Finger Sprain


A finger sprain refers to significant stretching or tearing of the soft tissues around the joint. Ligaments are strong bands of tissue that connect bones to each other. Finger joints have a pair of ligaments of the either side and a strong volar plate on the palm (volar) side of the finger. Joints are further reinforced and stabilised by the surrounding capsule, tough, gristle-like wrapping around the joint. Together, ligaments and capsule form a tough, yet elastic capsulo-ligamentous layer whose integrity is vital for finger mobility and strength. Injuries to the joint that connects the first and second phalanx (the small bones of the fingers) known as the proximal interphalangeal joint are particularly at risk of leading to late finger deformities because of late diagnosis and complex and sophisticated joint anatomy.

Sprain usually results from a blow to the finger causing the joint to bend too much or in the wrong direction. This often occurs during athletic activity, but even trivial accidents and pursuits can result in awkward pull. As capsulo-ligamentous layer around the joint typically has scarce blood supply, its injuries lead to a rather slow recovery, especially if not recognised and treated early. Furthermore, those ligaments have a propensity to shorten as they heal which can result in long term stiffness.

Picture 1 shows simplified anatomy of the soft tissue arrangement around the proximal inter-phalangeal joint. The ligament called ‘the volar plate’ (coloured blue) is positioned on the palm, flexor side of the joint and its shrinkage (contracture) is one of the most important causes of finger deformity. Other small components of ligaments on each side of the finger (coloured green) are often involved too. When the injury is diagnosed early, it is possible to straigthen the finger and keep these structures stretched. If on the other hand, these ligaments are left on their own after sprains, the joint might be pulled in flexion and contracture likely to worsen over the next few months, sometimes even becoming irreversible. Such outcome is very difficult to treat, even operatively. Surgery aims to straightened the finger by dividing the shortened volar plate (Picture 2) which then allows stretching of the joint and its surrounding soft tissues. Outcome is not entirely predictable because of new scarring laid down in response to surgery, but this is often the only solution to chronicly bent joint. A lot of postoperative rehabilitation and physiotherapy is necessary to support operative steps.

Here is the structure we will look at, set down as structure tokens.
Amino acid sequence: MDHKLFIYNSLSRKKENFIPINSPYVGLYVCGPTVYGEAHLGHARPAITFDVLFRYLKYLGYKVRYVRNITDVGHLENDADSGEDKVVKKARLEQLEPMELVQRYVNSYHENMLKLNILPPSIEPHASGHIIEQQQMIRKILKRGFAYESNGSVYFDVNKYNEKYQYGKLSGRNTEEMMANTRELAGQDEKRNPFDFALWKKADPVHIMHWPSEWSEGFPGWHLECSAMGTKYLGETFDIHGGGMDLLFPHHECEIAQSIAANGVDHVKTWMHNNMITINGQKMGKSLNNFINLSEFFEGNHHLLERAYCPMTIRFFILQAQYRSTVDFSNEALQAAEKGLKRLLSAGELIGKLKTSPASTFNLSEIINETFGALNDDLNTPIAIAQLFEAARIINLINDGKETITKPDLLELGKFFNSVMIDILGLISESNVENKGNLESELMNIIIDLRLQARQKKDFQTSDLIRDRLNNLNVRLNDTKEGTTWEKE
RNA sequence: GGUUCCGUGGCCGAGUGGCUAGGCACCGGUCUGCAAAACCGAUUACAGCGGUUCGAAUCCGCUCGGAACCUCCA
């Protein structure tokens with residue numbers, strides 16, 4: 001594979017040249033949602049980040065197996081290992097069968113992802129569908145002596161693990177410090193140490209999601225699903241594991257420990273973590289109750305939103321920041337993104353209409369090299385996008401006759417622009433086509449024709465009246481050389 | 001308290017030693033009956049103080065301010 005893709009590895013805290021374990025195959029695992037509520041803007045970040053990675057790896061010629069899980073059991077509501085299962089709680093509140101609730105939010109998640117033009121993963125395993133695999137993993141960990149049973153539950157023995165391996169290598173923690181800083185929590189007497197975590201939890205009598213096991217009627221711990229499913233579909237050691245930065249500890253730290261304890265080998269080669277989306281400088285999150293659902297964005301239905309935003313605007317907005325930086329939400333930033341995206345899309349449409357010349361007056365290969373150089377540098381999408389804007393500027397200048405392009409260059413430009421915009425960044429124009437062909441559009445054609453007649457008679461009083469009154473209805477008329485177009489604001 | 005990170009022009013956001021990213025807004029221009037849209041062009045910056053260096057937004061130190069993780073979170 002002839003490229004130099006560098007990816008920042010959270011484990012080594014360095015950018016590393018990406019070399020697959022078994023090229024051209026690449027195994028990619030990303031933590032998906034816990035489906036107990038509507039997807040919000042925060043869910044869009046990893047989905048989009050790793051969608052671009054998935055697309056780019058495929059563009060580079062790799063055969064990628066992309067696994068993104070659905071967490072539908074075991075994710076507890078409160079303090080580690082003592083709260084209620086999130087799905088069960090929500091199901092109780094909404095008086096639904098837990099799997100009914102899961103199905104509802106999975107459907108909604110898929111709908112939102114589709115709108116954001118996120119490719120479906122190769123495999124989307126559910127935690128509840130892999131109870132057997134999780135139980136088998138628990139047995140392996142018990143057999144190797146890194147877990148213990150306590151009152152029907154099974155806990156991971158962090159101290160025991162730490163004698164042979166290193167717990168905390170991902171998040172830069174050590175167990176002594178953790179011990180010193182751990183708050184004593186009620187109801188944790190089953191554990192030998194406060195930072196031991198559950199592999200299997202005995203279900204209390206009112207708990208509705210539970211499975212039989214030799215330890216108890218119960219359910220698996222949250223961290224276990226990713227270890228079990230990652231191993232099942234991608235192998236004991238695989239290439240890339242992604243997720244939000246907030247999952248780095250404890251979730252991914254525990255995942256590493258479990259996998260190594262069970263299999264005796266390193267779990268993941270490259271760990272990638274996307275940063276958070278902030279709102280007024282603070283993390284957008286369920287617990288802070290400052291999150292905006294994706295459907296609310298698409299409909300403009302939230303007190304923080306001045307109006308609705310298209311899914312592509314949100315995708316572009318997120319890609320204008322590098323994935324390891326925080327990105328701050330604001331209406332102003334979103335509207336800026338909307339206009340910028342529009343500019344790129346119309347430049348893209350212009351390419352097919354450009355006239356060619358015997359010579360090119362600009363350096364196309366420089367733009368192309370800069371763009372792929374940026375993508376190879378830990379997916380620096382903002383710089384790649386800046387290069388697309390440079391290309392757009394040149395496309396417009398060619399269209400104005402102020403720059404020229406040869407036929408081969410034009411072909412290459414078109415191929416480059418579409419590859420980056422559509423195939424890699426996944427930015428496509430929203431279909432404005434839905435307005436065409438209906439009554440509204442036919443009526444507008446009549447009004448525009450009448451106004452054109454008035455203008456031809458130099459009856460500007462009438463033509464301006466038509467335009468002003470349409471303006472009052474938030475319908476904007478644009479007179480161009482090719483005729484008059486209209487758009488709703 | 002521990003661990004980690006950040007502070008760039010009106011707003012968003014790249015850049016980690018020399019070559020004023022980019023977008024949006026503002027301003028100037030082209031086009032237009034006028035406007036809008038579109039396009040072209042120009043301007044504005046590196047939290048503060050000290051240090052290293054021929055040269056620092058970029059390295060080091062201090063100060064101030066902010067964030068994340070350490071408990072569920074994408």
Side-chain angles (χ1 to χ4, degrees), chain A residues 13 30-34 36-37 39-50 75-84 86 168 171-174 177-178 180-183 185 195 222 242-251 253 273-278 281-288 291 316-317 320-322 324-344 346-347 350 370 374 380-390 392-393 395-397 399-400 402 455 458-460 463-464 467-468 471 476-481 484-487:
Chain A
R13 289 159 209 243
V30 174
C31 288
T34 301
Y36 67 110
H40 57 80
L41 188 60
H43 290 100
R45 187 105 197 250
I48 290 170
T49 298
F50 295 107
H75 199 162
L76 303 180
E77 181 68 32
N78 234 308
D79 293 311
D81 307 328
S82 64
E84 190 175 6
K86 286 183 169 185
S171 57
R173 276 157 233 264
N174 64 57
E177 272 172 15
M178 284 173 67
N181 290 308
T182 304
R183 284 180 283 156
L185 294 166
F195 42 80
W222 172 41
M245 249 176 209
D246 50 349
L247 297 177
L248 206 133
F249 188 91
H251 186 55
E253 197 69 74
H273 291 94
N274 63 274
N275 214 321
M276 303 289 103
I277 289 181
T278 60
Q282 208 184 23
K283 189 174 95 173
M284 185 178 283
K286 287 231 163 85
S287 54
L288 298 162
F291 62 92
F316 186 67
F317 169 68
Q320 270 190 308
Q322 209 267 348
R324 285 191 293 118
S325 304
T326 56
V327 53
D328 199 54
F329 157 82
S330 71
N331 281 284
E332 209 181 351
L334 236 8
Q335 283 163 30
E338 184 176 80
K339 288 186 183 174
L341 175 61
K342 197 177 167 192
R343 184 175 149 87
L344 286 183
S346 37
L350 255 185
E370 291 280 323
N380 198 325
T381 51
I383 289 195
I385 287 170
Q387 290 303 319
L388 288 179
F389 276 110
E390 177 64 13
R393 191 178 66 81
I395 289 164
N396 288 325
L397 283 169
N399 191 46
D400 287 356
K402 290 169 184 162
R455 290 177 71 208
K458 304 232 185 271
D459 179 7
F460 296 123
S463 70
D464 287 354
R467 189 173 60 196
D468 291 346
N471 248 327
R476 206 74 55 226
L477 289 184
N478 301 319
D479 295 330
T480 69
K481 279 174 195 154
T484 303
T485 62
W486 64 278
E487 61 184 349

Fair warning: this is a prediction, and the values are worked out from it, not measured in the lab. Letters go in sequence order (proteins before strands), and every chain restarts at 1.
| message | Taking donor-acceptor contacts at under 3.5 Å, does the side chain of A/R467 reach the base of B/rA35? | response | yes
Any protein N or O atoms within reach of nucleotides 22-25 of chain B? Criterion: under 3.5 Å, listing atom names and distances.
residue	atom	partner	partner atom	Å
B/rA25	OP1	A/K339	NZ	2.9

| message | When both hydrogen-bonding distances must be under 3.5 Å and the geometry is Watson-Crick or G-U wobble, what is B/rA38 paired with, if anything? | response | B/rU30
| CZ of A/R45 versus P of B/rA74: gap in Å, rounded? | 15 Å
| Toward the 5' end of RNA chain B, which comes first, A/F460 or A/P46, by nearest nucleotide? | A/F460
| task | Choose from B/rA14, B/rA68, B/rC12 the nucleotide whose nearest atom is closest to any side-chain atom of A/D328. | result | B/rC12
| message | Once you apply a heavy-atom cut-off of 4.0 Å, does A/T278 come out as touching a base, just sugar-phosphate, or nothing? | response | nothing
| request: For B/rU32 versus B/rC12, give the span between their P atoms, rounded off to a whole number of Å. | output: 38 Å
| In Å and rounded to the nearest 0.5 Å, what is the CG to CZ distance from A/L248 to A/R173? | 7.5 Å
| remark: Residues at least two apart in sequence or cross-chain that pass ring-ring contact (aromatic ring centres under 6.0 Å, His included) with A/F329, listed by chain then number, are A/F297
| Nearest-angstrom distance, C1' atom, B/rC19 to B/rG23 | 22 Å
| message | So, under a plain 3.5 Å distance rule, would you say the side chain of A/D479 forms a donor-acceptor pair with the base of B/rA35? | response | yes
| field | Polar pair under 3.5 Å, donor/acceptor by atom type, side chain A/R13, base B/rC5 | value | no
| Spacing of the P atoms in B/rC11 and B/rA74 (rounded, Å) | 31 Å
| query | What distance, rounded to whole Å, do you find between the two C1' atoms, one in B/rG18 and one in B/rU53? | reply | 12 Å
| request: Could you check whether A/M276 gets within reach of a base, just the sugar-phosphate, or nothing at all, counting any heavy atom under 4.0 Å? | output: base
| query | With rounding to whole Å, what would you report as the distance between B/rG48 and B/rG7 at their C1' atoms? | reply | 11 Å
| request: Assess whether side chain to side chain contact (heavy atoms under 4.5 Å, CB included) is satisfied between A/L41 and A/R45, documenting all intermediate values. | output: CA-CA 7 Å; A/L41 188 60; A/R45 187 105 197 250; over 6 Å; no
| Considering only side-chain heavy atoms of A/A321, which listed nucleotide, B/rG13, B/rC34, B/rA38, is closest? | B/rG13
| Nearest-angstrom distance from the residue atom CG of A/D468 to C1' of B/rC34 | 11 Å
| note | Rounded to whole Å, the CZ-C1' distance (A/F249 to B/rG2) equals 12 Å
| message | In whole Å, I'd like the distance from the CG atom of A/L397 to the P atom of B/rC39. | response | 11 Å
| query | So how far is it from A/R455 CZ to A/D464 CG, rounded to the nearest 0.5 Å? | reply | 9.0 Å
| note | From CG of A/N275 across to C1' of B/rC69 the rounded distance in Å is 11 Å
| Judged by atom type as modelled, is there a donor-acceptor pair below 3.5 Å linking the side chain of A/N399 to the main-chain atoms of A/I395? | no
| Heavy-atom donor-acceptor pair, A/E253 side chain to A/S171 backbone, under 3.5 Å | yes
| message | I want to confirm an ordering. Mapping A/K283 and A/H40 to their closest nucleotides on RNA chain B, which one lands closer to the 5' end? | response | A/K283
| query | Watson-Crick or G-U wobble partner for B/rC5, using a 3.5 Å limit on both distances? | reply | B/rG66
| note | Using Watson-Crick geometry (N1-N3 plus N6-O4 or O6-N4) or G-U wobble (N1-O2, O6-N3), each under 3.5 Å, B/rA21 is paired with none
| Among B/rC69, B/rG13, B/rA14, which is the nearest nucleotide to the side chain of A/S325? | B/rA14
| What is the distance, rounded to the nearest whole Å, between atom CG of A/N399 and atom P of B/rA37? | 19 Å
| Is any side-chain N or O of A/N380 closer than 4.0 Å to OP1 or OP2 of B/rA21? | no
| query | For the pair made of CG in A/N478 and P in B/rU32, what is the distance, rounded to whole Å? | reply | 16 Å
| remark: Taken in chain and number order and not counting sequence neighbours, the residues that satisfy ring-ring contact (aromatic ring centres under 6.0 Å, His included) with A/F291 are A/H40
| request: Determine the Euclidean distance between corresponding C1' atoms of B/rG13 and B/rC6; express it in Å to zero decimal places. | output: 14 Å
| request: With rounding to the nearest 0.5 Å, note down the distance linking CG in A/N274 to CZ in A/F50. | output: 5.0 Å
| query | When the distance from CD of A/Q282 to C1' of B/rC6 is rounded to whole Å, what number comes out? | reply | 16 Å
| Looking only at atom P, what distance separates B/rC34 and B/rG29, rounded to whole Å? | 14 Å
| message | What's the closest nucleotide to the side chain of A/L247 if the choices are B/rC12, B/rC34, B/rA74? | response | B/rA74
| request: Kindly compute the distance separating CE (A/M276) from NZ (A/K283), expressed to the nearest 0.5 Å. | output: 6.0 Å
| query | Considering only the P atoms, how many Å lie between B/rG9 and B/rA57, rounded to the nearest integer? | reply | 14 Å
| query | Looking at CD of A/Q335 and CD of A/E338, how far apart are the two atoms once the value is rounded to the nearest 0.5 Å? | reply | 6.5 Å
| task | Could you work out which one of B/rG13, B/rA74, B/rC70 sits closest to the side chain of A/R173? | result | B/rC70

It is much easier to prevent contracture then treat it. Early diagnosis is essential. Picture 3 illustrates truly advanced (luckily rare) deformity due to unrecognised capsulo-ligamentous injury of the proximal inter-phalangeal joint.


Majority of finger sprains are self-limiting and will settle spontaneously in 2-3 weeks.

Symptoms include pain, swelling and stiffness. With active input from the beginning, finger sprains can be managed very successfully by splintage and specific finger exercises. On the contrary, if not recognised early, sprains recover very slowly and can lead to progressive bending of the finger i.e. contracture (finger cannot be straighten properly). This happens because of scarring and shrinking of ligaments which start to pull the joint inwards.